Wake Ed

Wake County approves billing students for school evacuations

Leesville Road Middle School and High School students, teachers and administrators crowd the road outside the schools near two police cars during a bomb threat and evacuation on April 25, 2007. Students could now be billed by the Wake County school system if their threats lead to evacuations.
Leesville Road Middle School and High School students, teachers and administrators crowd the road outside the schools near two police cars during a bomb threat and evacuation on April 25, 2007. Students could now be billed by the Wake County school system if their threats lead to evacuations. News & Observer file photo

Wake County students will now face long-term suspensions and a bill from the school system if their threats lead to school evacuations.

The Wake County school board gave final approval Tuesday to changes in the Code of Student Conduct that stiffen the consequences for making threats that lead to school evacuations. The policy change comes after 22 threats were made against Wake County high schools and middle schools in October and November, resulting in four evacuations.

Students could now be required to make restitution for the disruption and cost of evacuations, either monetarily or through community service. Students could also receive long-term suspensions of more than 10 days from school.

“We’re trying to help our parents and our students understand – and particularly our students – that this is not fun and games,” school board Chairman Tom Benton said in an interview after the initial vote Jan. 5. “These kinds of threats have consequences for schools and at times can be expensive to the school system.”

But the policy change has drawn criticism from legal groups that work with students.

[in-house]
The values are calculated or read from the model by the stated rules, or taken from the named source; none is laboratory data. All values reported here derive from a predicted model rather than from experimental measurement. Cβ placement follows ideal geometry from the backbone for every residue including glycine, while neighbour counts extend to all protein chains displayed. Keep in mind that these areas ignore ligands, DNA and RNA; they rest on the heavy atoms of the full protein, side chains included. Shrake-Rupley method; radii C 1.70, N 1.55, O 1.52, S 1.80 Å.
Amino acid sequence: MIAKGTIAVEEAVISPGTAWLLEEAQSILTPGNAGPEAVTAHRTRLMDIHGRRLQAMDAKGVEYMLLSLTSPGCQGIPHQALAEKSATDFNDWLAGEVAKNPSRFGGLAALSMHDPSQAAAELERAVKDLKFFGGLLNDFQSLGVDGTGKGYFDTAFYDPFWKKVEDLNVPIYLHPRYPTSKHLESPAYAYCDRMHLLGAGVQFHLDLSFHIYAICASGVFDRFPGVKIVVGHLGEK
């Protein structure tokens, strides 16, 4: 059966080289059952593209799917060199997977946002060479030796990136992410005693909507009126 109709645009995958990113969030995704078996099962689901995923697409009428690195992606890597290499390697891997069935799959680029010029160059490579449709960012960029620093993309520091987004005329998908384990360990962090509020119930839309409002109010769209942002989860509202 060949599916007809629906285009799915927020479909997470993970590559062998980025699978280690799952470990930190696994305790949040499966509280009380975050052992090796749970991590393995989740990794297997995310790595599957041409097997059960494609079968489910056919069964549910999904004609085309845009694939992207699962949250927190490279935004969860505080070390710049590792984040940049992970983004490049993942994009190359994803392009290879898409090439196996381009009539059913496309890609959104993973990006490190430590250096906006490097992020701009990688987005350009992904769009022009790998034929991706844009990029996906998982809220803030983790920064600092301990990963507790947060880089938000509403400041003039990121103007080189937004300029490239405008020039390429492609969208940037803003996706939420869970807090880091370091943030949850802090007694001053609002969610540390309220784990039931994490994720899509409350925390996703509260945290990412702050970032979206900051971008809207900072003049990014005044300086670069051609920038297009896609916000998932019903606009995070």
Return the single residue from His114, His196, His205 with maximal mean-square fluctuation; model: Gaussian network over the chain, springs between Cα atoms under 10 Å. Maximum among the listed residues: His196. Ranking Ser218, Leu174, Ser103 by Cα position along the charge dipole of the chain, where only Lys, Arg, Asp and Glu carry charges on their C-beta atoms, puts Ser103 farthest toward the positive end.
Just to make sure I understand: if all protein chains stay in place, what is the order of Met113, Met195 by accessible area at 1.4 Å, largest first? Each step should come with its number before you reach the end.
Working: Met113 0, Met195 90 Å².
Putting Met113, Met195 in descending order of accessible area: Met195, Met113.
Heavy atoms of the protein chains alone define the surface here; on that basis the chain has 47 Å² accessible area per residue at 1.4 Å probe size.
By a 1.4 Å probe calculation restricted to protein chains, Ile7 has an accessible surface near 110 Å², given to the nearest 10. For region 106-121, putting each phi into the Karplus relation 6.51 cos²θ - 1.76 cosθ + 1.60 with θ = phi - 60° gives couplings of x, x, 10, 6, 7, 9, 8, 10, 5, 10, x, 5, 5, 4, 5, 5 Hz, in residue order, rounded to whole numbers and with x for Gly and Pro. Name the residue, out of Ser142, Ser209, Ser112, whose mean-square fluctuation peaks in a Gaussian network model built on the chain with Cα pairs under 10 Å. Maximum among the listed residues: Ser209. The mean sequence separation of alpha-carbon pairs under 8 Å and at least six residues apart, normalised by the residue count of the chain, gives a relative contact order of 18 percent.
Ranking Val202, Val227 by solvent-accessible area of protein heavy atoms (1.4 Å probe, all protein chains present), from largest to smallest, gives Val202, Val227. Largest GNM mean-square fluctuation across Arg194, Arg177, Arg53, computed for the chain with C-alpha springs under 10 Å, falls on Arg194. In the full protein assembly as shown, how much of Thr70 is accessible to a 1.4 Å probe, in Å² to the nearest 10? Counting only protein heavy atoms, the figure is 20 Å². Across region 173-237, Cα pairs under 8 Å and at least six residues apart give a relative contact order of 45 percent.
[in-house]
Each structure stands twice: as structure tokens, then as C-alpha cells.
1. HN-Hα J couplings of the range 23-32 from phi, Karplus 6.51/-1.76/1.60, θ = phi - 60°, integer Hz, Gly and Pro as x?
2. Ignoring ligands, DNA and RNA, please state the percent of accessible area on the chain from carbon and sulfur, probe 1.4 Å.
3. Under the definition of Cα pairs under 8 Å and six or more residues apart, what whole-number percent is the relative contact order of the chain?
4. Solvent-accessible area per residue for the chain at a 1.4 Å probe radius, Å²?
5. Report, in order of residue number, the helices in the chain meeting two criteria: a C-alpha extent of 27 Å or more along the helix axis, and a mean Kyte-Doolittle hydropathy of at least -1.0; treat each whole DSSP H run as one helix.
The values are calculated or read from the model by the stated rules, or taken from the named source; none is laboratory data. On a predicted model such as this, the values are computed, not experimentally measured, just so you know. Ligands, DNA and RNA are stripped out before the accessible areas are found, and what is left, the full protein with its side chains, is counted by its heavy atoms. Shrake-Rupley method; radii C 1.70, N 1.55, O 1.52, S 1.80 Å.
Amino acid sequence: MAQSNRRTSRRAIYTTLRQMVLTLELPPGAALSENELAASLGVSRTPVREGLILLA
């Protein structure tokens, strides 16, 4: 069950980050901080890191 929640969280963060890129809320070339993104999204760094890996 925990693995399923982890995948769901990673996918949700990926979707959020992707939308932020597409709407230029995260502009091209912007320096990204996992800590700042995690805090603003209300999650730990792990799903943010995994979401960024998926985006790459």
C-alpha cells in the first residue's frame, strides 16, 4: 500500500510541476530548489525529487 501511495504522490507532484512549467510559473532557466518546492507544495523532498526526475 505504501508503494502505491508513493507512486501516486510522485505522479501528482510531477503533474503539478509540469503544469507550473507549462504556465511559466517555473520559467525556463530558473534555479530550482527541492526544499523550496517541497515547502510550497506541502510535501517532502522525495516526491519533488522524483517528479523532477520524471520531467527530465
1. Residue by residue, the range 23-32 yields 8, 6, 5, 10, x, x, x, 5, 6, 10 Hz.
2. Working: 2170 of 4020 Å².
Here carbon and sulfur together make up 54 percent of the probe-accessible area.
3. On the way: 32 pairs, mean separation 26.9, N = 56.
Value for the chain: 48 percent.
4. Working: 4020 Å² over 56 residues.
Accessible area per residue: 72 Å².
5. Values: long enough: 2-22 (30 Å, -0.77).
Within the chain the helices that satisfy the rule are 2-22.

Brenda Berlin, supervising attorney for the Children’s Law Clinic at Duke University Law School, has noted that students who make threats against schools already face criminal charges that could lead to restitution.

“It is very troubling when the school system is trying to impose its own system of investigation and punishment when one exists in the criminal justice system,” Berlin said in an interview earlier this month. “And there are safeguards in place in the criminal justice system to protect the innocent which don’t exist in the school setting.”

The policy change comes during a state of heightened fears after the recent terrorist attacks in Paris and in San Bernardino, Calif. On Dec. 15, all of the schools in Los Angeles, the nation’s second-largest school system, were closed because of a terrorist threat.

Locally, Raleigh Police Department records show that 14 bomb threats were made against schools between March and December. Six were made against Athens Drive High School.

Wake County’s experience is consistent with what school systems are seeing nationally, according to Ken Trump, president of National School Safety and Security Services, a consulting firm based in Cleveland, Ohio. There was a 158 percent increase in school threats across the country from Aug. 1 to Dec. 31, 2014, compared to the same period the year before, according to a study by Trump’s group.

Wake’s policy doesn’t list a specific restitution amount. Instead, it says the superintendent will pass on to the student and his or her parents any fee imposed by emergency responders.

If no fine is imposed by an outside agency, the superintendent would calculate a standard restitution fee “to reasonably compensate for the cost and disruption of a campus evacuation.”

The policy says students who couldn’t afford to pay the fee could get a waiver and perform an alternative service.

Berlin has said the policy is too vague. For instance, Berlin said there’s no details about how a family could prove they couldn’t pay or what would happen if they refused to pay.

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